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Harvesting oil prices in 2022… a historic year for black gold

Oil went through a historic year in 2022 after its prices maintained their upward trend most of the year, thanks to the return of travel and the growth in demand for fuel.

The high demand coincided with the decline in supplies against the backdrop of the Russian-Ukrainian war and the OPEC + group cuts in production.

140 dollars a barrel

Brent crude futures rose above $139 a barrel in March after the outbreak of the Russia-Ukraine war, and then rose again later, as buyers struggled to navigate the fallout from two years of refinery shutdowns during the pandemic.

As the year drew to a close, both US and Brent crude futures gave up all of the year’s gains. Here is a review of the reasons:

Decreased demand for fuel

China is the world’s largest importer of crude oil and the second largest oil consumer after the United States.

The strict government intervention to contain the outbreak of the Corona virus during the year 2022 led to a sharp decline in industrial and economic production, as well as the demand for travel.

According to analysts’ estimates, the measures taken by China have reduced the demand for oil by between 30 and 40 percent in the country.

Nor did the beginnings of winter in Europe witness a sharp drop in temperature, which limited the demand for various fuels, including distillates such as heating oil used in power generation and home heating.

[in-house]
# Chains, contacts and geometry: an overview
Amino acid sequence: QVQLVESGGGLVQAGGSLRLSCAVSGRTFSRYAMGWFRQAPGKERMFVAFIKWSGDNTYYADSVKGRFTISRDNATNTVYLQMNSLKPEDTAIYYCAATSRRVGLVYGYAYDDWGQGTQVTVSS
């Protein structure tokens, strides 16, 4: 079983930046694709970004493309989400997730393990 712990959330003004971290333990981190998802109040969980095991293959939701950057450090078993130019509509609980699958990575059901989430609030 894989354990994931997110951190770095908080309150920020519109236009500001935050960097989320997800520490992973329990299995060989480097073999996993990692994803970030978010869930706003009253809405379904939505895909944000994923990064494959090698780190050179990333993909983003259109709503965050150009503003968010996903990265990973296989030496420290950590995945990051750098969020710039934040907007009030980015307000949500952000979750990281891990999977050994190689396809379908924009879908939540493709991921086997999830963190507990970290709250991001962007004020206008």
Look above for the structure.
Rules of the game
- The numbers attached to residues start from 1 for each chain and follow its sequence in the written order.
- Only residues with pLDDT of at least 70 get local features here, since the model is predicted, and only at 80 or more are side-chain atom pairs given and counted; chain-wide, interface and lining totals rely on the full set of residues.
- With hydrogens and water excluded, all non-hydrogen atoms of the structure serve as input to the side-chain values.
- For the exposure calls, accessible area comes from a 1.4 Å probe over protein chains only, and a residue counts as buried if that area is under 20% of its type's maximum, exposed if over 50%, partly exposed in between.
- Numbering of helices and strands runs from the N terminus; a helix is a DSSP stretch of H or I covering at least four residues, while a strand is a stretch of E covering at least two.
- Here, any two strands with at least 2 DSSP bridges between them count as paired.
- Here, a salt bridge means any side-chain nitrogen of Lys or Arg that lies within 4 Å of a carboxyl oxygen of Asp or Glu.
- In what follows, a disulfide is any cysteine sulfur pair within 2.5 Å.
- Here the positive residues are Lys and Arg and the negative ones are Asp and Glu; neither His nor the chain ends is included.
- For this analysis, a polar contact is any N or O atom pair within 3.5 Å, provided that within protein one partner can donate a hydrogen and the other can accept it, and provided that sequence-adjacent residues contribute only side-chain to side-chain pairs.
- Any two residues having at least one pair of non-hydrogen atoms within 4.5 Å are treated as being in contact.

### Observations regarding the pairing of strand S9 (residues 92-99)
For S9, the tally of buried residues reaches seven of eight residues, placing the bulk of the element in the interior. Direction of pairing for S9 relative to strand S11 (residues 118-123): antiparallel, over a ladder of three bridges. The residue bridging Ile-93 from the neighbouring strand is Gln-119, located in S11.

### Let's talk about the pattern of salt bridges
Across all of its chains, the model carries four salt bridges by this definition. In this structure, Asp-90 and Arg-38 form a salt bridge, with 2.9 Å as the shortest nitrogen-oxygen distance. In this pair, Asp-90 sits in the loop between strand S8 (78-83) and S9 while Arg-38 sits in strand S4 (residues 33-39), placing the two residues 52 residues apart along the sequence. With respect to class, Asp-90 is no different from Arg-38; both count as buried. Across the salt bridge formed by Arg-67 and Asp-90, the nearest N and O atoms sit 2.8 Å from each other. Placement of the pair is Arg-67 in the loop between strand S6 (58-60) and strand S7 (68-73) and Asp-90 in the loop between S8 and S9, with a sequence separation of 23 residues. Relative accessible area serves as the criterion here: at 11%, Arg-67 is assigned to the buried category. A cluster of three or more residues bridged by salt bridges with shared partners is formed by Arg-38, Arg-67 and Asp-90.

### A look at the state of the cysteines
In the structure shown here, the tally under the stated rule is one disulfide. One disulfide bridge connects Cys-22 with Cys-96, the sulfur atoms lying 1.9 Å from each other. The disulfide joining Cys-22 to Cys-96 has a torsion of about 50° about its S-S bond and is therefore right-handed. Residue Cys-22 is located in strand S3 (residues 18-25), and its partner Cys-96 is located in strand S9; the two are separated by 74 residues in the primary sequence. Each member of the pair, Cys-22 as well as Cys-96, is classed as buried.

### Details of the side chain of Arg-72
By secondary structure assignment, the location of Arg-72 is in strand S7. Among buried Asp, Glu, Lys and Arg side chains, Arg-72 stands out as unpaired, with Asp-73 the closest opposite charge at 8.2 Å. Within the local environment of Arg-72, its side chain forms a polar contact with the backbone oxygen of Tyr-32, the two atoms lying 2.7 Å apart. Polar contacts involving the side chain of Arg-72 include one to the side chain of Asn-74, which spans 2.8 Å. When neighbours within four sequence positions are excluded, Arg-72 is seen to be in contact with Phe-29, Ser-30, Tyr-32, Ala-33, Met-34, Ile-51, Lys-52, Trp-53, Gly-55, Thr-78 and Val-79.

Economic activity generally declined around the world, particularly in China and also in the United States.

High interest and the dollar

To fight rising inflation, central banks around the world have taken a series of decisions to raise interest rates to calm the economy and the labor market.

Interest rate increases led to an appreciation of the dollar, which put pressure on oil prices, as a stronger dollar makes the commodity denominated in it more expensive for holders of other currencies.

Overcoming supply concerns

The OPEC + alliance agreed in October to reduce the production target by two million barrels per day, equivalent to 2% of global demand, from November to the end of 2023.

OPEC + stressed that its decision to cut production was due to weak economic expectations, but the move did not support prices, as about half of the OPEC cut is on paper only, given that the organization has been producing less than the target amount in the past period.

Meanwhile, production in the United States rose. Domestic production is growing slowly, but it recently reached 12.2 million barrels per day, which is the highest level since the first wave of the Corona pandemic in March of 2020.

Among the reasons that led to the rise in prices were fears that the series of sanctions imposed by European countries and the United States on Russia would affect its supplies. Although Russia’s production did indeed decline, it did not happen as quickly as might have been expected.

The Group of Seven nations and Australia this week imposed a cap of $60 a barrel on Russian seaborne crude to undermine Russia’s ability to fund its war in Ukraine.

However, Russian oil is already being traded at a discount to this price, which means that this move is unlikely to lead to market turmoil.

put speculators

Hedge funds and investment managers built strong positions in crude oil contracts in the aftermath of the Russia war, but quickly exited the market, removing some of the factors driving oil prices higher.

US data shows that the net long-term positions of hedge funds in Brent crude contracts are near the lowest level in the past ten years, and that the ratio of long-to-short positions is at its lowest level since November 2020.

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